Server-side cursors are implemented in the C API using the
The same implementation is used for cursors in stored routines. A
server-side cursor enables a result set to be generated on the
server side, but not transferred to the client except for those
rows that the client requests. For example, if a client executes a
query but is only interested in the first row, the remaining rows
are not transferred.
In MySQL, a server-side cursor is materialized into an internal
temporary table. Initially, this is a
table, but is converted to a
MyISAM table when
its size exceeds the minimum value of the
tmp_table_size system variables.
Note that the same restrictions apply to internal temporary tables
created to hold the result set for a cursor as for other uses of
internal temporary tables. See
How MySQL Uses Internal Temporary Tables. One limitation of the
implementation is that for a large result set, retrieving its rows
through a cursor might be slow.
Cursors are read only; you cannot use a cursor to update rows.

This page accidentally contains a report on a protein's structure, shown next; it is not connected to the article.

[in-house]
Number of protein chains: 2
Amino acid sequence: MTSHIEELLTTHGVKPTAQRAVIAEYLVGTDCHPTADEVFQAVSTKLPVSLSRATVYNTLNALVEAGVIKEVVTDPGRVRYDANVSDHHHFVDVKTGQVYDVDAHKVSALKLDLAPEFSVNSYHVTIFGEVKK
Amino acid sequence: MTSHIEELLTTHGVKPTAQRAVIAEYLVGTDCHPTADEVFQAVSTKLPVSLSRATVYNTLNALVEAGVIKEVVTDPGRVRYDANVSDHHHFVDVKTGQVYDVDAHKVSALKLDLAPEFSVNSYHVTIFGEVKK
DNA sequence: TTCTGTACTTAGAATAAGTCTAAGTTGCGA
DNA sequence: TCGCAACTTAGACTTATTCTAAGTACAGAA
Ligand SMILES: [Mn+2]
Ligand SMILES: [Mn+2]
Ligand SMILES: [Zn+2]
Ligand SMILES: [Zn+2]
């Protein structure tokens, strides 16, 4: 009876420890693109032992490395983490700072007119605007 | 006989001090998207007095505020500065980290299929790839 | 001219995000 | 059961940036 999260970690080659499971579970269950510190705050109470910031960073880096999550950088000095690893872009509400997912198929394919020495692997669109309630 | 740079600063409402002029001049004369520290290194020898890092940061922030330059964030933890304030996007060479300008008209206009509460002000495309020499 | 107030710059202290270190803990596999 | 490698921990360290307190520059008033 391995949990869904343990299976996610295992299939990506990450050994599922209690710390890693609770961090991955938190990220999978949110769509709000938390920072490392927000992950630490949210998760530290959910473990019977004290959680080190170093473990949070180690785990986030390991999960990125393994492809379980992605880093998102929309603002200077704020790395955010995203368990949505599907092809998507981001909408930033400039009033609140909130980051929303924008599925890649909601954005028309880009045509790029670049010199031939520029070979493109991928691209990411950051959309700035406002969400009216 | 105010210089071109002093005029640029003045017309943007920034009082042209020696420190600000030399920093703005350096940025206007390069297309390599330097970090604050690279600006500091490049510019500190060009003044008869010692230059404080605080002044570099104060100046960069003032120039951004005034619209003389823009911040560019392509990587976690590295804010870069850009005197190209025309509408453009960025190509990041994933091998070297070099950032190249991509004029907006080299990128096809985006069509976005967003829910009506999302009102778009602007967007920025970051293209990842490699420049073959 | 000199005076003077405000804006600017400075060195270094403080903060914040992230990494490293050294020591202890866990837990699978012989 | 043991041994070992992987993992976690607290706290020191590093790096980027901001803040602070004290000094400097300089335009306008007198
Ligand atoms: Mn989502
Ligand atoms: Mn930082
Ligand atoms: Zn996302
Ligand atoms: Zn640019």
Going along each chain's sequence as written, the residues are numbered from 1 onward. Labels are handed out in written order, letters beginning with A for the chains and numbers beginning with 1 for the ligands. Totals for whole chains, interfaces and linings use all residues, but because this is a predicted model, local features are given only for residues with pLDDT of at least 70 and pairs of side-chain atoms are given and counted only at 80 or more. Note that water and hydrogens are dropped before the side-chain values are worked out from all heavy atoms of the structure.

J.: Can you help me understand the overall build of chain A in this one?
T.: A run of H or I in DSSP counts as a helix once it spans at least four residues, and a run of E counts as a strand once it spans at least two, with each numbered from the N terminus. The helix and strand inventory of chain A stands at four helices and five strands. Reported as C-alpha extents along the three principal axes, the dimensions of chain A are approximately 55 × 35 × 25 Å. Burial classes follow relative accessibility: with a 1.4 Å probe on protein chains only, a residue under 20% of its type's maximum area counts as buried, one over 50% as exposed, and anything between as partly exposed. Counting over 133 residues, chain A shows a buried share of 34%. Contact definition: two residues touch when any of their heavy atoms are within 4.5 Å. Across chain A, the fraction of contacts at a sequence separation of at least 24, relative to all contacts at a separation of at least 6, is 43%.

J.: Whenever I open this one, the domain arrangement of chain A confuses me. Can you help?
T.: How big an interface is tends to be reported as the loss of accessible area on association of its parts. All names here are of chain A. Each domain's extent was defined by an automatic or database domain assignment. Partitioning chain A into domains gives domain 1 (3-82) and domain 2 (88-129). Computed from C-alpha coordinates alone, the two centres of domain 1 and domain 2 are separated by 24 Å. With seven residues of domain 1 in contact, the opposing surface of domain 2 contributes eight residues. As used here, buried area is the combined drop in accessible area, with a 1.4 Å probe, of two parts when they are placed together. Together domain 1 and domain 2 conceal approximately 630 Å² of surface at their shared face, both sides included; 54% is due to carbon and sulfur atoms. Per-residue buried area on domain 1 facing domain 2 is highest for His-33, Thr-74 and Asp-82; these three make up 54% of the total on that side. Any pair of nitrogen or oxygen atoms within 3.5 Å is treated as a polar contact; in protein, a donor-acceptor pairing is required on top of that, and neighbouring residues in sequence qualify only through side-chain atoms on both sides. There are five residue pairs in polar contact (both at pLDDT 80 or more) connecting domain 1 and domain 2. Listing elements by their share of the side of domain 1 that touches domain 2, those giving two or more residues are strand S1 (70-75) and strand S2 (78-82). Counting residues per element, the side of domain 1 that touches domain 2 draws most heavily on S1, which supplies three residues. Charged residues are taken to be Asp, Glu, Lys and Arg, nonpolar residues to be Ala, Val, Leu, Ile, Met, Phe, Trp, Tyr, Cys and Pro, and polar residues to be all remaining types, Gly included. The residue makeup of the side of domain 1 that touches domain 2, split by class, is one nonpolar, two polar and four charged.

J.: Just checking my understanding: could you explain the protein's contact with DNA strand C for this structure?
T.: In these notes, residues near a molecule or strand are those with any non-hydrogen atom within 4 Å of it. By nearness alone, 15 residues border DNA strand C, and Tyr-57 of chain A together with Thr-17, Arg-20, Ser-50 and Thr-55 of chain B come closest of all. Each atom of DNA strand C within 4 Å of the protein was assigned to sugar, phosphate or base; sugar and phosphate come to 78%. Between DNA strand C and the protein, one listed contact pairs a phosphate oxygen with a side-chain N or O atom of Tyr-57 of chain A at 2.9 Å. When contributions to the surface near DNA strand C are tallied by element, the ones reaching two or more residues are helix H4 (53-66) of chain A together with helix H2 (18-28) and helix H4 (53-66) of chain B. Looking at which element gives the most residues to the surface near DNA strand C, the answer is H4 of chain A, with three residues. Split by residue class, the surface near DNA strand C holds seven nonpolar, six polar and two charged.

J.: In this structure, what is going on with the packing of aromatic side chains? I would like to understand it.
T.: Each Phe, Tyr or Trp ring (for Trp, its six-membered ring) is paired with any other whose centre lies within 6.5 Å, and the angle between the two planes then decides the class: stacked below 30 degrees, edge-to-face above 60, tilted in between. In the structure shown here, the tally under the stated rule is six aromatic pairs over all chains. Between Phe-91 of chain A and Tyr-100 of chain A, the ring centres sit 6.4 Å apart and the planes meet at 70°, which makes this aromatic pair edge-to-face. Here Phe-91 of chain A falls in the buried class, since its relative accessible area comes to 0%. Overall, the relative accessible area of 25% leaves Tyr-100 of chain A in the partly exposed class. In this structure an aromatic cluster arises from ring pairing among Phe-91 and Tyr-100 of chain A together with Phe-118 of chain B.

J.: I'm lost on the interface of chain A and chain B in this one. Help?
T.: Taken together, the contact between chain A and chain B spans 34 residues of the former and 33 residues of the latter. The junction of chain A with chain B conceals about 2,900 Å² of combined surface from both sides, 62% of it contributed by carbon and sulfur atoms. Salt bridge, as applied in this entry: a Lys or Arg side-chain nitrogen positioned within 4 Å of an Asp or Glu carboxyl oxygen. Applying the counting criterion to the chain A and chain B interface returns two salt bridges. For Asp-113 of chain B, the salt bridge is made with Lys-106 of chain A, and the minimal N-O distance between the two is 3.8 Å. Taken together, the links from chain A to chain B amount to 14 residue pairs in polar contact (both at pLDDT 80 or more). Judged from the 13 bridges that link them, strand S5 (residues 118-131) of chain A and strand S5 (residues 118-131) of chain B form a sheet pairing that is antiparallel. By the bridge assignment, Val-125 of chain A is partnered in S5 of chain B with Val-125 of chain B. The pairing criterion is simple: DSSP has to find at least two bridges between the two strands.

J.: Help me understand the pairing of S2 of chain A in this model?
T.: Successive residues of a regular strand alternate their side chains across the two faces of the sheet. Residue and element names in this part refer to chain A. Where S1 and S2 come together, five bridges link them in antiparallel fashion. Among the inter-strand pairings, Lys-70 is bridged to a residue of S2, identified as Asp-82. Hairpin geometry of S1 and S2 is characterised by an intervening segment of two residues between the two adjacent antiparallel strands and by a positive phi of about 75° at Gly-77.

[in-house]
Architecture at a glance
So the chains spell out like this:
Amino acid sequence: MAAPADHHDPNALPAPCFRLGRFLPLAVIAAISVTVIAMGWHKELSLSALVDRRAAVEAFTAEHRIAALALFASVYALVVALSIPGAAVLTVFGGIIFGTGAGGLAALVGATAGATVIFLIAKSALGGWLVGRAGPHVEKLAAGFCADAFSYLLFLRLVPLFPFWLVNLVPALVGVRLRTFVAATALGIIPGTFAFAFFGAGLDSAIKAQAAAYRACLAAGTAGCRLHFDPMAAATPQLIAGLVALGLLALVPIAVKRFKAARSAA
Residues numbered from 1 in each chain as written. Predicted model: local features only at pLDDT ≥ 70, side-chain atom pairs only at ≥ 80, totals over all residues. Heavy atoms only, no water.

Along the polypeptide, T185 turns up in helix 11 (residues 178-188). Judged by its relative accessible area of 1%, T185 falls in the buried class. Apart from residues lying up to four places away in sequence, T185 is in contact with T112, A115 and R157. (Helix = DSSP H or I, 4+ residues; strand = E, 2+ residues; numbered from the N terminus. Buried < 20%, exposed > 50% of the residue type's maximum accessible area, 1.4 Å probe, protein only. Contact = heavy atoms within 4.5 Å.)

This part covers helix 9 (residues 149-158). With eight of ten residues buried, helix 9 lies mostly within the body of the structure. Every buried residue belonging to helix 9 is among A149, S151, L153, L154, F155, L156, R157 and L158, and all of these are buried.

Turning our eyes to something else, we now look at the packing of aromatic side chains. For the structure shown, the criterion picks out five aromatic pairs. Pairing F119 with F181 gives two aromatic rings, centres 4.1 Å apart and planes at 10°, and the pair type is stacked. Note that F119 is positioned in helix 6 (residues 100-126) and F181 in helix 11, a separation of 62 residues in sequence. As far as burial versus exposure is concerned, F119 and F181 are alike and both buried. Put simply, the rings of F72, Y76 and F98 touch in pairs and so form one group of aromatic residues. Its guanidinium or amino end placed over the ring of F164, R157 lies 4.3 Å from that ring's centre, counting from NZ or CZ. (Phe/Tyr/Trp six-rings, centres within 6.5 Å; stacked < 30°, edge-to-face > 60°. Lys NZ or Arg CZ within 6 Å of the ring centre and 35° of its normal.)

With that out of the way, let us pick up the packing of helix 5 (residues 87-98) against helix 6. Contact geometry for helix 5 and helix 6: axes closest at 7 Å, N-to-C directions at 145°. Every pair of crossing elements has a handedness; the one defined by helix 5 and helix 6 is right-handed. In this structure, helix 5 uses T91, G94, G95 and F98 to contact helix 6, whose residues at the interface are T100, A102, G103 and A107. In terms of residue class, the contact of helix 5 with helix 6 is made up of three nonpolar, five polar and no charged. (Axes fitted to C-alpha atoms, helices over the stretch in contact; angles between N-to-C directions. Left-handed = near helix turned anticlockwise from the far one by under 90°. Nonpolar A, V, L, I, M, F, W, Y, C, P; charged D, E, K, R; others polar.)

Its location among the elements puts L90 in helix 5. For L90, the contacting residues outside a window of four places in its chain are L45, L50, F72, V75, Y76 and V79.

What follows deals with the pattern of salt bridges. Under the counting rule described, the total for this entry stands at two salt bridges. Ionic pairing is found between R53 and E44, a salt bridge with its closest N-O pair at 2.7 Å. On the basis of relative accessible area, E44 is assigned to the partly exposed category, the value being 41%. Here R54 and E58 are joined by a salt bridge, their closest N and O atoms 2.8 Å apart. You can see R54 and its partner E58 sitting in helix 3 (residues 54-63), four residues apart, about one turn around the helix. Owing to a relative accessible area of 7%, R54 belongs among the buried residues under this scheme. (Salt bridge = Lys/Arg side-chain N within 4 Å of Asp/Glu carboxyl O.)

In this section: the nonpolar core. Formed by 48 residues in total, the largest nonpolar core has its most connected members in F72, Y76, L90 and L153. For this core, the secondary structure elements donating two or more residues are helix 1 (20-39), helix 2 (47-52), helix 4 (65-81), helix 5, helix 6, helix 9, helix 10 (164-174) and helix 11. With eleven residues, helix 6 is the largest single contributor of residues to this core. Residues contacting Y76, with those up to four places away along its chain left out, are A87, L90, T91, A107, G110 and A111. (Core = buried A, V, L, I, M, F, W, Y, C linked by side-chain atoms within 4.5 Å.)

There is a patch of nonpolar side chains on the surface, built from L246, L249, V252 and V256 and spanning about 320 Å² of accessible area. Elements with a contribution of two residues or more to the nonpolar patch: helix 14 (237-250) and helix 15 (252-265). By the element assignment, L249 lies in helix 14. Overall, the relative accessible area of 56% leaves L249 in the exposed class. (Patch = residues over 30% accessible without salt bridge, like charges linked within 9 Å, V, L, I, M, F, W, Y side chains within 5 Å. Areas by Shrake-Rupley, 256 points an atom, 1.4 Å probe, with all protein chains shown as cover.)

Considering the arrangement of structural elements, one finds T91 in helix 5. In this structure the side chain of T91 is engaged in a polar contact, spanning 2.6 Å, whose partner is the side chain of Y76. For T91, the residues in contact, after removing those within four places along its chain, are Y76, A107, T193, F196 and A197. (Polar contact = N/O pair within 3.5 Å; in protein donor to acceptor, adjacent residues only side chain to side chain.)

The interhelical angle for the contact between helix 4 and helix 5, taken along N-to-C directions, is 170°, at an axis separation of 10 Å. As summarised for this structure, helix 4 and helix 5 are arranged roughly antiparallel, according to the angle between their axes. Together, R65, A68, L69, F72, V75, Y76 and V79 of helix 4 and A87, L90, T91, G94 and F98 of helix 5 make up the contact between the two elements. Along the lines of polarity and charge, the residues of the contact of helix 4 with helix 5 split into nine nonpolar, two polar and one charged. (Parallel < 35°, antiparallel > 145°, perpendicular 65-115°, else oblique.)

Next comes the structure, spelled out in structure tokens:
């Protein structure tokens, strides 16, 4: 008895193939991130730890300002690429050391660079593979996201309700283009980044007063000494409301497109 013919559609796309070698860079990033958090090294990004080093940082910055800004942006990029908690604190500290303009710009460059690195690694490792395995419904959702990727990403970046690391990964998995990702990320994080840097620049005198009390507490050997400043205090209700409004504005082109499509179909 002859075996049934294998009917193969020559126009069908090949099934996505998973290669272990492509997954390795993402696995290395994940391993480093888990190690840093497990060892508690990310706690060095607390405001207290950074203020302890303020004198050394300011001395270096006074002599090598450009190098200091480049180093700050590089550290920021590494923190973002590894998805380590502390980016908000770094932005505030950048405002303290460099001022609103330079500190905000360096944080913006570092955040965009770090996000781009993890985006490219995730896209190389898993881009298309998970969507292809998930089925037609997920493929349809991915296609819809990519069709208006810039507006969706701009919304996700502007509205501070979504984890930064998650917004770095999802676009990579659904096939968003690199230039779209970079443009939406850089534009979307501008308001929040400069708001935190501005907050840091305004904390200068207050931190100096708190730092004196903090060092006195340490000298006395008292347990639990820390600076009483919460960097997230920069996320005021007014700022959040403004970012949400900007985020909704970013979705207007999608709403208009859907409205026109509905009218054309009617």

UPDATE WHERE CURRENT OF and
WHERE CURRENT OF are not implemented, because updatable
cursors are not supported.
Cursors are nonholdable (not held open after a commit).
Cursors are asensitive.
Cursors are nonscrollable.
Cursors are not named. The statement handler acts as the cursor ID.
You can have open only a single cursor per prepared statement. If you need several cursors, you must prepare several statements.
You cannot use a cursor for a statement that generates a result
set if the statement is not supported in prepared mode. This
includes statements such as
HANDLER READ, and
SHOW BINLOG EVENTS.